Sunday 2 July 2017

Are the Tories Permanently Screwed?

Turmoil begets turmoil. We in the Labour Party know a bit about that thanks to two years of factional bloodletting, but now the Tories are setting about demonstrating how it should be done. With the billion quid signed off to Northern Ireland for the DUP's grubby support, it seems every minister in earshot of a mic is letting it be known they're pressing for more cash for their departments. Pleasingly, where there is turmoil there is incompetence. Never in anything but bountiful supply among Tory politicians, it transpires that the Prime Minister was contriving a walk out of the Brexit negotiations this Autumn simply because it would play well at home. My tip to Theresa May is if she wants to affect the bulldog spirit, it's not a good idea to widely trail it beforehand.

Yes, it's a ripe old mess alright and I'm loving every moment of it. If there's an opportunity to egg on and exacerbate divisions between Tories the Labour Party have to dive in with crowbars and clamps. However, the disaster area that is the government won't last forever, even if they're teetering atop a slippery slope. Paralysed at Westminster with nothing to do put pick over Brexit, gossip, and manoeuvre for eventual leadership bids, some are turning their eyes to the party's future - and so should we. One coming force was on the Andrew Marr sofa this morning talking about how the Tories have got to stop being the party of bad things, while she nodded away as Naomi Klein expounded her disaster capitalism thesis. Strange times.

If you look over at Conservative Home there are a few ideas too. They range from the reasonable (The Tories have to get social media), the waffly (moar houses), the divisive (lift the public sector pay freeze for the poorest), and the batshit (unban smoking!).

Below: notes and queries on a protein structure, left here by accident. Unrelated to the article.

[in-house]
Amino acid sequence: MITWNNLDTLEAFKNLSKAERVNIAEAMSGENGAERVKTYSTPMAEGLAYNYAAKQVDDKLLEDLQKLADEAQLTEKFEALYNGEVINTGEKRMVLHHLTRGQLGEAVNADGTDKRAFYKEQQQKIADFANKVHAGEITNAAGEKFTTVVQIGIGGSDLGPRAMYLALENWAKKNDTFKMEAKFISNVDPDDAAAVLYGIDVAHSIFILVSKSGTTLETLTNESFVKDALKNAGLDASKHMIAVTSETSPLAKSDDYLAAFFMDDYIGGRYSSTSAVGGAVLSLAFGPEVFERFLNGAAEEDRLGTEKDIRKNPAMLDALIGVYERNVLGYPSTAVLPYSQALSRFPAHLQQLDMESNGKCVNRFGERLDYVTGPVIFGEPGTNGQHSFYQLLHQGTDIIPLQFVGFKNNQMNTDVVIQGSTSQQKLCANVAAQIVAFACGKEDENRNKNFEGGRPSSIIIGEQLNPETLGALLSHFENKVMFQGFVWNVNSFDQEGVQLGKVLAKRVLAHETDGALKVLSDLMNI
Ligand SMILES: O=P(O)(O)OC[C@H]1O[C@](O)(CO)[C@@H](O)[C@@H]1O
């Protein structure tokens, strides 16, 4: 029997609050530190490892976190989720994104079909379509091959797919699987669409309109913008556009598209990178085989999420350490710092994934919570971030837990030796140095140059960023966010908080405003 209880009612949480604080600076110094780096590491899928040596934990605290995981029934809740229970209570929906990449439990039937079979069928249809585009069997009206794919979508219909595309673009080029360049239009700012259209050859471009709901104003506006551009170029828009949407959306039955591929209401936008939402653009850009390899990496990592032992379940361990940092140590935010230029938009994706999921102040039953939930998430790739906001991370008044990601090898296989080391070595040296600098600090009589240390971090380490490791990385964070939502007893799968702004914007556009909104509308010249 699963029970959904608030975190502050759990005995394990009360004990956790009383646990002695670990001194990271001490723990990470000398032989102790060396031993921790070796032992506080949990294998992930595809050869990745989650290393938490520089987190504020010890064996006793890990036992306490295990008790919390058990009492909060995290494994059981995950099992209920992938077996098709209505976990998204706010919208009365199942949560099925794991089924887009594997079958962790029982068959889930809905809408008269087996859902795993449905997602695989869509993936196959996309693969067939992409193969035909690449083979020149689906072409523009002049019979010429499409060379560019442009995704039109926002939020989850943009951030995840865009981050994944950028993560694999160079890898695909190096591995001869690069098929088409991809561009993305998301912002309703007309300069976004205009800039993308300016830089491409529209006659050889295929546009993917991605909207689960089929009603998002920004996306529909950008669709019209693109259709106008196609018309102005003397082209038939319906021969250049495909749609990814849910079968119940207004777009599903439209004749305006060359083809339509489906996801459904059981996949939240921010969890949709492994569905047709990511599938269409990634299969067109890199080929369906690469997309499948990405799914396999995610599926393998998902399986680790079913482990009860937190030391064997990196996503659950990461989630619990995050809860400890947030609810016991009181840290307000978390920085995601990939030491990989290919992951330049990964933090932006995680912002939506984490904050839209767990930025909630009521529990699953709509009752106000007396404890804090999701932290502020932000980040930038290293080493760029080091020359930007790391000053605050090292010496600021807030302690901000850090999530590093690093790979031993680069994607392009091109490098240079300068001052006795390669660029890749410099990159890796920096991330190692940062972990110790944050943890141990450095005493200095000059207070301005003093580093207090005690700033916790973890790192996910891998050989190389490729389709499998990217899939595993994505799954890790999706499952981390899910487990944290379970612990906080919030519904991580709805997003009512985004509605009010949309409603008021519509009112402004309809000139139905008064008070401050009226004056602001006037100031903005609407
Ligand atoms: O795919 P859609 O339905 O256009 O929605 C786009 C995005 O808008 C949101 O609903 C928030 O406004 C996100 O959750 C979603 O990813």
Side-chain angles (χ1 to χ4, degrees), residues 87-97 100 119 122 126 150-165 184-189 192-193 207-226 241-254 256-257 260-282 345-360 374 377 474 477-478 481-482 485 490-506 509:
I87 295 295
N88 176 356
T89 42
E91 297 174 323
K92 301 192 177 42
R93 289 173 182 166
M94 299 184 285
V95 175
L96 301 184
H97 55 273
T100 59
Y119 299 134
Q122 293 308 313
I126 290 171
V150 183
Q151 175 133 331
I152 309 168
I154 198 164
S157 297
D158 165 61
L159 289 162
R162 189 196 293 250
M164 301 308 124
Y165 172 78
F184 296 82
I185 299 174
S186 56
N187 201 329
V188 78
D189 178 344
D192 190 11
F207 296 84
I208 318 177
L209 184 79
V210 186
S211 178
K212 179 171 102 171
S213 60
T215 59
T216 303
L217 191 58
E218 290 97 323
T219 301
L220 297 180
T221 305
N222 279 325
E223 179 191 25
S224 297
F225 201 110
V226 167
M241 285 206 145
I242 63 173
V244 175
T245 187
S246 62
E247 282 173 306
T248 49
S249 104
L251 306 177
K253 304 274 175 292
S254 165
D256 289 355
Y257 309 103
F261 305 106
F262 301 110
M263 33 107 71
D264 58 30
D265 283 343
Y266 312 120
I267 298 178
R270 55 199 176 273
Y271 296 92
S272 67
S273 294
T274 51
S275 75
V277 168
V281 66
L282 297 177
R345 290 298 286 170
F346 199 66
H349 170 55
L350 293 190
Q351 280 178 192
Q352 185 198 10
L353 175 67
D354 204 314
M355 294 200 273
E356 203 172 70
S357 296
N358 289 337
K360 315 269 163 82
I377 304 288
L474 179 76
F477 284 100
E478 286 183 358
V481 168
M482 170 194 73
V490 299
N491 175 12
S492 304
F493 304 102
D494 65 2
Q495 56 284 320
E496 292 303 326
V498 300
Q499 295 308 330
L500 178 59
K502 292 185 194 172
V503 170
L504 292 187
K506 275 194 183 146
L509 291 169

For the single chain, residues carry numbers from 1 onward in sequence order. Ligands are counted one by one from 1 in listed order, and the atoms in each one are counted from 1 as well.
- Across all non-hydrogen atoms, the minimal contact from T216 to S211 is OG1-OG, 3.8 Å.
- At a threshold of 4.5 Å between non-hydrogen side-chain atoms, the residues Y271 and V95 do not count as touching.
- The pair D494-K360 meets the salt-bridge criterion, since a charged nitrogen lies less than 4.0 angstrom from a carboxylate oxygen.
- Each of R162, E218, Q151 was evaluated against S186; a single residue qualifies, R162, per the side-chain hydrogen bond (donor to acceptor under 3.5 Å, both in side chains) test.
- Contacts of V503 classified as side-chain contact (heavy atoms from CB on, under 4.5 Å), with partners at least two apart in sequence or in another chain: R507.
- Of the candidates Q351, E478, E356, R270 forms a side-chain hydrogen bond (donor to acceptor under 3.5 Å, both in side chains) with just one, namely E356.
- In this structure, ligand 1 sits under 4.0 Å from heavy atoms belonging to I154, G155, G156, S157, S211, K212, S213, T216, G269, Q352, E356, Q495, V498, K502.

Damian Green, the PM's representative in the TV studios has other ideas. At a think tank talk yesterday, he argued the Tories needed to get down wiv da yoof, and his first stop was tuition fees. Darkly hinting that the government needs to ensure students are getting value for money, he noted that saddling 21 year olds with between £40K and £50K of debt probably isn't a good idea. It's a "huge issue", he conceded and floated the idea of reducing fees. And that was it. On top of flagging up house building plans and asking the assembled to have faith in the Tory industrial strategy to grow jobs for the young, that really was it.

Green demonstrates that Green doesn't understand what's going on. He knows things have changed, but he doesn't know the hows and the whats. If he thinks raiding Labour's 2015 manifesto and making off with Ed Miliband's pledge to reduce fees by three grand a year will turn it around for the Tories, they are going to be left totally non-plussed. Obvious to all except Green it seems, fees don't affect most young people. Where they're concerned, seven years of government have abandoned most non-students to low waged jobs masquerading as apprenticeships and a social security system that actively discriminates against them on grounds they're too young to claim. For young people in general, student and non-student, they're increasingly fed up of a dog-eat-dog society in which they see reward and opportunity cluster around the already privileged, and they want it to change. Offering a wee discount and getting senior Tories to pose with Megaman from So Solid Crew is not going to get 18-24 year olds lining up for them.